Clinton Accused Special Report
Navigation Bar
Navigation Bar

Partners:
CLINTON
ACCUSED
 Main Page
 News Archive
 Documents
 Key Players
 Talk
 Politics
 Section

  blue line
Grand Jury Questions Tripp Confidante

Lucianne Goldberg and her son, Jonah, making a statement to the press after testifying before a grand jury. (Sarah L. Voisin — For the Washington Post)

Related Links
  • Full Coverage

  • Key Players: Linda Tripp, Lucianne Goldberg

  • By Paul W. Valentine
    Washington Post Staff Writer
    Friday, November 13, 1998; Page A6

    Linda R. Tripp confidante Lucianne Goldberg said yesterday that a Maryland grand jury is focusing on when Tripp learned that her secretly taped telephone conversations with Monica S. Lewinsky were illegal – a key element in proving a wiretap violation in Maryland.

    Emerging from a two-hour appearance before the grand jury in Howard County, Goldberg told reporters that she testified that "to the best of my knowledge, [Tripp] knew in December [1997] when her then-lawyer told her they were illegal."

    Under Maryland's hard-to-enforce wiretap law, prosecutors must show that a defendant was aware of the law against recording people without their consent and violated it anyway. Tripp has acknowledged making two tapes in December after learning it was illegal, but that information may be beyond the Maryland prosecutor's reach because Tripp made the admission under an immunity grant from Independent Counsel Kenneth W. Starr.

    Tripp taped at least 27 conversations with Lewinsky between early October and late December 1997 and turned them over to Starr in January. In the tapes, Lewinsky, a former White House intern, described her sexual relationship with President Clinton and efforts by the White House to help her find a job. Tripp's account of the conversations led Starr to expand his investigation of Clinton to include the possibility of perjury and other offenses in the Paula Jones lawsuit.

    Goldberg reaffirmed that she urged Tripp to make the secret recordings of Lewinsky to protect herself. She said the tapes alone saved Tripp from White House retaliation of the sort that other women who have made allegations against Clinton have allegedly suffered.

    "Look what happened to any other women that came forward in this case," Goldberg said. "Look at what's happened to Kathleen Willey. Look at what's happened to Paula Jones. . . . I mean Jane Doe one, two, three, four, five, six, seven. They have been totally co-opted, slam-dunked and their reputations destroyed. The only thing that keeps [Tripp] hanging on by her thumbs is the fact that she had these tapes."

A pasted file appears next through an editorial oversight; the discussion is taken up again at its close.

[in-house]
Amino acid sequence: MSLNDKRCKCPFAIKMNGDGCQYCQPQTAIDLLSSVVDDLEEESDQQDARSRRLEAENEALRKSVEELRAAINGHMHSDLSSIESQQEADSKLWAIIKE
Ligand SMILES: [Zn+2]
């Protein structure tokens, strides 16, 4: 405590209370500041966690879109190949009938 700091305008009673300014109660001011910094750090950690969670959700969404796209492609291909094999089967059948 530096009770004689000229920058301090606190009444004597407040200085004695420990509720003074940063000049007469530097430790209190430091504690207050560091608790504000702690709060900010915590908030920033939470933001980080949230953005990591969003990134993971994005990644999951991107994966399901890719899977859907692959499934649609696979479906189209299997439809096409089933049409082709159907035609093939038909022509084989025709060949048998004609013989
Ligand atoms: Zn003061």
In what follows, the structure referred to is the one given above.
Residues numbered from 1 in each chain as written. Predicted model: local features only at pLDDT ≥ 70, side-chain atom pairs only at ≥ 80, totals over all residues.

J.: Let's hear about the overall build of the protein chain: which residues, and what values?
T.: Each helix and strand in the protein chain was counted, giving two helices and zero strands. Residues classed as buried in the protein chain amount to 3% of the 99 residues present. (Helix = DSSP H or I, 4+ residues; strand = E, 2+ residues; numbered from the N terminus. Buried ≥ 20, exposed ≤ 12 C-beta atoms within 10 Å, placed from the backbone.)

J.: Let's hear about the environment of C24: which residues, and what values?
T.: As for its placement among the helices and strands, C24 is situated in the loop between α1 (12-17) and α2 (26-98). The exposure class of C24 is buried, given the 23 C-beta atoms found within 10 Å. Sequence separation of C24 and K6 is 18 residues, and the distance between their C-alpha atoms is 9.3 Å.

Yesterday, Goldberg gave the Maryland grand jury taped copies of what she said were the earliest "five or six" Tripp-Lewinsky conversations, all recorded in October 1997, well before Tripp has said that lawyers warned her about the Maryland law.

    Goldberg, a New York literary agent to whom Tripp had entrusted the tapes, said earlier this week that she had to surrender the tapes under terms of a grand jury subpoena issued by State Prosecutor Stephen Montanarelli. But she said the tapes are "absolutely useless" to Montanarelli because they were made before Tripp knew of the law.

    Montanarelli, who also spoke to reporters yesterday after the grand jury session with Goldberg and her son, Jonah, declined to discuss the legal value of the tapes.

    The Goldberg recordings represent the first time Montanarelli has obtained any Tripp-Lewinsky tapes and may give him evidence he needs to establish that the conversations in fact occurred and were taped in Maryland.

    But there may be other hurdles. Tripp's lawyers could challenge the authenticity of the tapes. Also, the lawyers could claim that Montanarelli's possession of the tapes amounts to impermissible "derivative use" of original evidence barred from Maryland prosecutors by Starr's grant of immunity to Tripp.

    After yesterday's grand jury session, both Lucianne and Jonah Goldberg said the investigation was politically motivated by Maryland Democratic legislators and other activists.

    "When a bunch of state Democratic lawmakers petition a prosecutor to do something," said Jonah Goldberg, 29, a contributing editor for the conservative magazine National Review, "it would be a reasonable conclusion that you could say there was a political element to it."

    Jonah Goldberg, who described himself as the "cute little boy sidekick of the vast right-wing conspirator," said the grand jury asked him about conversations he had with Tripp about the tapes. He did not give details.

    Montanarelli denied the investigation was politically motivated.


    © Copyright 1998 The Washington Post Company

    Back to the top

    Navigation Bar
    Navigation Bar
     
    yellow pages